Monday morning, September 26, many of us had our first view of an electric airplane in flight.
After the weighing team rolled Jim Lee and Jeff Shingleton’s Phoenix motorglider from the hangar onto its impound location and completed initial weigh-ins for the remaining three aircraft, the airplanes were staged for the first flying event of the Green Flight Challenge sponsored by Google.
With technical inspections and weighing completed, the four airplanes lined up to check their noise levels and their ability to clear an imaginary 50-foot barrier atop a cherry picker 2,000 feet from the top of the number “9” on runway 19 at Santa Rosa, California’s Charles M. Schulz Sonoma County Airport. As each aircraft rolled out to their takeoff point, the cluster of photographers under the cherry picker focused and waited for a green flag to fall at the takeoff point.
All the aircraft passed cleared the 50-foot flag, and e-Genius was judged to be quietest of the entrants after it took a second run. Its first had been marred by the noise of a Cessna allowed to take off on an adjoining runway. Although sound level results have not been announced, it was noted that e-Genius, even with the intruding sound, was a whisper-quiet 4 decibels quieter than the nearest competitor, the Pipistrel G4. Even the Rotax-powered machines acquitted themselves admirably, being notably quieter than the more traditional light aircraft on the field.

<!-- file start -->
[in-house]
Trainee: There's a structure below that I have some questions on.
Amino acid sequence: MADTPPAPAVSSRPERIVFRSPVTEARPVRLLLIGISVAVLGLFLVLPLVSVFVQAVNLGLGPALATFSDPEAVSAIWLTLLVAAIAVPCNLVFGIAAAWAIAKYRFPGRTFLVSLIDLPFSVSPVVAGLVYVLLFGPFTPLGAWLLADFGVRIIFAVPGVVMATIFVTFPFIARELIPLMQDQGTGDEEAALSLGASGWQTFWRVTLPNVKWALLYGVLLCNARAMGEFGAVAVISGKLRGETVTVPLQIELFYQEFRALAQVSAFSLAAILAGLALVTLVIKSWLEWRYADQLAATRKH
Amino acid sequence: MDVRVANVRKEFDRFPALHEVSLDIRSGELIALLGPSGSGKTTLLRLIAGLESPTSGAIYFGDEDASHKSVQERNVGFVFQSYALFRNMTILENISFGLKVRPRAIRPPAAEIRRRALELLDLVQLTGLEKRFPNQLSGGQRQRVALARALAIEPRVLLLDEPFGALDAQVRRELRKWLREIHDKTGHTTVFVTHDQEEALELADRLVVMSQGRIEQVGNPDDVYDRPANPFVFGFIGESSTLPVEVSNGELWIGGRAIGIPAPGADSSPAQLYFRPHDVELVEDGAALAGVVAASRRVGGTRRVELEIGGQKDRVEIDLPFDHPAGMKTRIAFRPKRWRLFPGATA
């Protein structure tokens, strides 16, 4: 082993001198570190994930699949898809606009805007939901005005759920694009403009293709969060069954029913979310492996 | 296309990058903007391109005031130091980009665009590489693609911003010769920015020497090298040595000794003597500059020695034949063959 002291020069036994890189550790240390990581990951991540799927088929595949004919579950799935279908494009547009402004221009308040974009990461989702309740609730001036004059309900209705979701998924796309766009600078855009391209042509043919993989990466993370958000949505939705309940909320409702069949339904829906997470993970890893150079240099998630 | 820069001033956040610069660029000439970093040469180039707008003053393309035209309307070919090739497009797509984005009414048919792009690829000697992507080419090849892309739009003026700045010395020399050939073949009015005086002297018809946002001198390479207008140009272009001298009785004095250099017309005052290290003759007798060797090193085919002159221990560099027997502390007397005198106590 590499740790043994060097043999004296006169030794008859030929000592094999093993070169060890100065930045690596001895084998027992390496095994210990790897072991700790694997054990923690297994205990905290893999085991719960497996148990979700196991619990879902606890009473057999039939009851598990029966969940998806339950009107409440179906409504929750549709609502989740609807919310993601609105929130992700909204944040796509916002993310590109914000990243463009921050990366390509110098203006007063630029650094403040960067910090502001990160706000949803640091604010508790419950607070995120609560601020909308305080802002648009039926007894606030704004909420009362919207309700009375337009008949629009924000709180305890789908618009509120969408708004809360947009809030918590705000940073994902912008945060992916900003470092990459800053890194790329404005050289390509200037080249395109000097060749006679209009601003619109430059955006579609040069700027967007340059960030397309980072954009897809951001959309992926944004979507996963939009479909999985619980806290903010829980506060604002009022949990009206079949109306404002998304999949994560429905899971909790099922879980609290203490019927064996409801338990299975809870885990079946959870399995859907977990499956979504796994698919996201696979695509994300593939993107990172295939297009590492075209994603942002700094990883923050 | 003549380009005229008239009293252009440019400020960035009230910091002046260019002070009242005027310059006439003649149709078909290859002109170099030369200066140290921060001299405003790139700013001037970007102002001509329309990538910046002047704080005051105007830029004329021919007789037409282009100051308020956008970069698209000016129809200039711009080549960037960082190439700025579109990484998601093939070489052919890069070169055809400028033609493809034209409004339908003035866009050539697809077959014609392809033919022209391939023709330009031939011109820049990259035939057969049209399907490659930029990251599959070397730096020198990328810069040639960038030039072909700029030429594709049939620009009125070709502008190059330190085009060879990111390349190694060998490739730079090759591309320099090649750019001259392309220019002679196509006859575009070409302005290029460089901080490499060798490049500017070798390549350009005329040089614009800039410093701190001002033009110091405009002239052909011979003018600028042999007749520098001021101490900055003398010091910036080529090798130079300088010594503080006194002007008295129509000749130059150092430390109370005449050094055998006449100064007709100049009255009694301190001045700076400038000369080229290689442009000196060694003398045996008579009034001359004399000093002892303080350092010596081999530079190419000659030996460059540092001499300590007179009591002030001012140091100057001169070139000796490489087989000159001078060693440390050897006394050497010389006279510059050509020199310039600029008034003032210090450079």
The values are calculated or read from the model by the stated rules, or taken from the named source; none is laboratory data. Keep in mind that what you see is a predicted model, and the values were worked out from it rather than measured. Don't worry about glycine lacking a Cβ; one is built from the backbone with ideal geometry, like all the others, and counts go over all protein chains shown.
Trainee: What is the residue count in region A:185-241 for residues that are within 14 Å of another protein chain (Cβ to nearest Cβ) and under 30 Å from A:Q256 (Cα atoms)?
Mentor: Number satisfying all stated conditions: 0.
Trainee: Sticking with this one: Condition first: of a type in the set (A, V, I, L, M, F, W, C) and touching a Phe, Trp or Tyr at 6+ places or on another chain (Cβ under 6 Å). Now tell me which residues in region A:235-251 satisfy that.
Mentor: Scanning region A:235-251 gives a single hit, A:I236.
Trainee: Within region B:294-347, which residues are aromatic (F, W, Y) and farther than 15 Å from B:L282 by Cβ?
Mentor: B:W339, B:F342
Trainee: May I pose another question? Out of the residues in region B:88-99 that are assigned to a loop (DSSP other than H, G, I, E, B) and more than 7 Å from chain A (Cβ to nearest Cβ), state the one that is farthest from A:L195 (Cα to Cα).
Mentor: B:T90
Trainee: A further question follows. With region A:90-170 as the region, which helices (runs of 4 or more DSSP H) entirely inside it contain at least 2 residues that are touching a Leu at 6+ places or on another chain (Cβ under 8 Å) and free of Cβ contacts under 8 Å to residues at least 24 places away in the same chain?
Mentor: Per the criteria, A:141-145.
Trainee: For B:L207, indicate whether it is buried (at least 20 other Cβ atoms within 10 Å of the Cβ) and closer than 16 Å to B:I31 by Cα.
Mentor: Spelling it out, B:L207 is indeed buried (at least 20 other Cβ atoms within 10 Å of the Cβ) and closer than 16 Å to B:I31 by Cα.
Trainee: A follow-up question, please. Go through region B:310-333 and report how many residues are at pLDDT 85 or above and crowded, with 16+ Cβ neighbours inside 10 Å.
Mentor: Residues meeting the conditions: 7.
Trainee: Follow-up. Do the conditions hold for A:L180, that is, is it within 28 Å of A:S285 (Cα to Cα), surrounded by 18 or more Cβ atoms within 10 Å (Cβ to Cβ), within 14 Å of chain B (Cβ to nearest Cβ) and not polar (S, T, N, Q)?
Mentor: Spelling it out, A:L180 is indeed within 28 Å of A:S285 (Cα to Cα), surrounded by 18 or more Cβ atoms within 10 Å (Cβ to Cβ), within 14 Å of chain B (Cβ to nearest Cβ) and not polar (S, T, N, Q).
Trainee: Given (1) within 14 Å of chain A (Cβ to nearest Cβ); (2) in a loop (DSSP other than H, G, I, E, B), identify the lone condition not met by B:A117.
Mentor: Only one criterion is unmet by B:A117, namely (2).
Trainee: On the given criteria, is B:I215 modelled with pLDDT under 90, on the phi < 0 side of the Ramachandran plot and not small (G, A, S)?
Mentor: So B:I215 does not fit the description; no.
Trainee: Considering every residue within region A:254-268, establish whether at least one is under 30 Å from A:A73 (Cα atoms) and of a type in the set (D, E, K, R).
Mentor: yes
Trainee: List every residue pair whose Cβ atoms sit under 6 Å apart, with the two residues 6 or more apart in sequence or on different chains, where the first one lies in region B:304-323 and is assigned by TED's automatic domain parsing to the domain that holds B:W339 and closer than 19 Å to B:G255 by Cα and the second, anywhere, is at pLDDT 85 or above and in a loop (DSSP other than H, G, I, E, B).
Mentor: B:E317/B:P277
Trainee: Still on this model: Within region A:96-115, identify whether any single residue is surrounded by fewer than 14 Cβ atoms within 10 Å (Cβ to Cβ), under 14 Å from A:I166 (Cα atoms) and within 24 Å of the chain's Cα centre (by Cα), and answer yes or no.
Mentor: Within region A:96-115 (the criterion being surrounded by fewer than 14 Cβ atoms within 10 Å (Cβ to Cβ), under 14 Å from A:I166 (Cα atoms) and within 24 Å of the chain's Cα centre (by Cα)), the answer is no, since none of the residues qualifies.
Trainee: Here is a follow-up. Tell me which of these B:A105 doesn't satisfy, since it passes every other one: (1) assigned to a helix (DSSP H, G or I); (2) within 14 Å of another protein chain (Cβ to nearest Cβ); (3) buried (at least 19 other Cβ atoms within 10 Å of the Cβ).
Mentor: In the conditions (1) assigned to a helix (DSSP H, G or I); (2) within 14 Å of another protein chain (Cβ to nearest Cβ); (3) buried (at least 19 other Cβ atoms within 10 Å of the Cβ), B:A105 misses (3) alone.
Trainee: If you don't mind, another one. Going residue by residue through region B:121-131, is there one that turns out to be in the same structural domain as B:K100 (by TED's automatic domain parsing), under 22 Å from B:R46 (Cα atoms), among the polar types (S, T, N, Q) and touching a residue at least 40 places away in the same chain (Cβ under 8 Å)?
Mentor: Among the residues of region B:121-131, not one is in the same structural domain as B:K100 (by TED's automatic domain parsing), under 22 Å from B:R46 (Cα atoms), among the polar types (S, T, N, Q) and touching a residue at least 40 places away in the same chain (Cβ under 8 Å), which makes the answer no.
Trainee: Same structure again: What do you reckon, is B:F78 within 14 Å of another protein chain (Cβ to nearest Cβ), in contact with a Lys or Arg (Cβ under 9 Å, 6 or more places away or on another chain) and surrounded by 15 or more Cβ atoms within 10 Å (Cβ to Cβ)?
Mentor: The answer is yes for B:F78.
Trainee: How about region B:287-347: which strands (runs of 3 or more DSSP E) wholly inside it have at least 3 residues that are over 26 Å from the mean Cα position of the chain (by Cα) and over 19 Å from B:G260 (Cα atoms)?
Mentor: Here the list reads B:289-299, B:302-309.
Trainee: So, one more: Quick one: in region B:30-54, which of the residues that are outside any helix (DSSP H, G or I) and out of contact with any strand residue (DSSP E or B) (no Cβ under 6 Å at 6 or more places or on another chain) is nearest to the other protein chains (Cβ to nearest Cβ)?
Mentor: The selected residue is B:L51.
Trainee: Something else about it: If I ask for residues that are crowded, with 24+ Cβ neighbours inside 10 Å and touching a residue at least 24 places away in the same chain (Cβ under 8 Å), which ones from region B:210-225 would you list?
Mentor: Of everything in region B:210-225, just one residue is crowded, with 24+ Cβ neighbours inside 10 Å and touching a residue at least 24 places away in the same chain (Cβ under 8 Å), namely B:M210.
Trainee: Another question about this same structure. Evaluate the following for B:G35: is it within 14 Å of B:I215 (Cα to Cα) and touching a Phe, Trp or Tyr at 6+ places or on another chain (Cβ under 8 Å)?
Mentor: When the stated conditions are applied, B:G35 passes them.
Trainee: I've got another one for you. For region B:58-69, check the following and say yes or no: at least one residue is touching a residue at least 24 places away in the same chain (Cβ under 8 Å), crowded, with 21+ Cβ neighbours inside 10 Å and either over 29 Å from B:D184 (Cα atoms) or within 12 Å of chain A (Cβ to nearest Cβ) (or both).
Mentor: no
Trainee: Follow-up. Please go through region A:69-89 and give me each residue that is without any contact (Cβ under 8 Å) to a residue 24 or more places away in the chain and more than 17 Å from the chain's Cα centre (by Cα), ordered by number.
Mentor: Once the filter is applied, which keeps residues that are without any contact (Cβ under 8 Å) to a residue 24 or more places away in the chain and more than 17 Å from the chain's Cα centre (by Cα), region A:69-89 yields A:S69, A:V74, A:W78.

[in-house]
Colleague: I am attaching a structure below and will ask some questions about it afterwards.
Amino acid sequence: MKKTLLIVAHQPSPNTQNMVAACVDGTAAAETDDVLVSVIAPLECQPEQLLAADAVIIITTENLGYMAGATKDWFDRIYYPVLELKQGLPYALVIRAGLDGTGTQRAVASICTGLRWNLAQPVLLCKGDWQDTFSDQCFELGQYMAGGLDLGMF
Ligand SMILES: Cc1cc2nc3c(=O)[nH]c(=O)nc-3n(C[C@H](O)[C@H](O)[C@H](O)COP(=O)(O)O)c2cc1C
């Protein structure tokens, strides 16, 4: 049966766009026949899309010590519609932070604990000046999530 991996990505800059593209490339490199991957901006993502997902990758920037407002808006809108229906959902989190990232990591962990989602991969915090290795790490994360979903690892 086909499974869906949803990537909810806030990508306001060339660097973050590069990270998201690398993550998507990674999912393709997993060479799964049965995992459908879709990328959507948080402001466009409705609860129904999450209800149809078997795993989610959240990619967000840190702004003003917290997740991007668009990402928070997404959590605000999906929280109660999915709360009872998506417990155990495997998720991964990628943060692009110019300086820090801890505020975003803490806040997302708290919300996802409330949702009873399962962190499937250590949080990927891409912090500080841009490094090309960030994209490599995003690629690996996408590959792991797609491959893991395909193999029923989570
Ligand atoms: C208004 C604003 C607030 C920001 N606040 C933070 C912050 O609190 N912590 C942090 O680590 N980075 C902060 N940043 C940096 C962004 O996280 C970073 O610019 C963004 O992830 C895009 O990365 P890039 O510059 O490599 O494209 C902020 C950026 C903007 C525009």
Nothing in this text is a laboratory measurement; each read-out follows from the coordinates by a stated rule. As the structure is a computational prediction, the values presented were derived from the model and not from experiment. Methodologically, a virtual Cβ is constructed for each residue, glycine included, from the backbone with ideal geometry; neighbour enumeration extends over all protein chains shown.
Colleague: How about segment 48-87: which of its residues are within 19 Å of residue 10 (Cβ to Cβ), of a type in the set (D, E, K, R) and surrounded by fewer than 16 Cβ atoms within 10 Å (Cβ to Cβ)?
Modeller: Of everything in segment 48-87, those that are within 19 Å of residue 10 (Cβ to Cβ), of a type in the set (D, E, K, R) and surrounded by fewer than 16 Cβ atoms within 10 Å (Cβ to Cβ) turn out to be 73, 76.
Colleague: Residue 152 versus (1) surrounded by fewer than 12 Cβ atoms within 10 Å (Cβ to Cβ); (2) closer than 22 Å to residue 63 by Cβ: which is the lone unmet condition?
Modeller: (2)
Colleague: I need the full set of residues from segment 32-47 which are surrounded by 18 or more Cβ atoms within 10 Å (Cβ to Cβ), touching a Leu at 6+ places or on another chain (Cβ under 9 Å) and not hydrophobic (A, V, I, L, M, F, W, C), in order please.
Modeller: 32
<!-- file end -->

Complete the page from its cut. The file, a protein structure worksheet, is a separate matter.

As Monday’s efforts came to a close, all competitors could be happy with their quiet, but high-performance machines.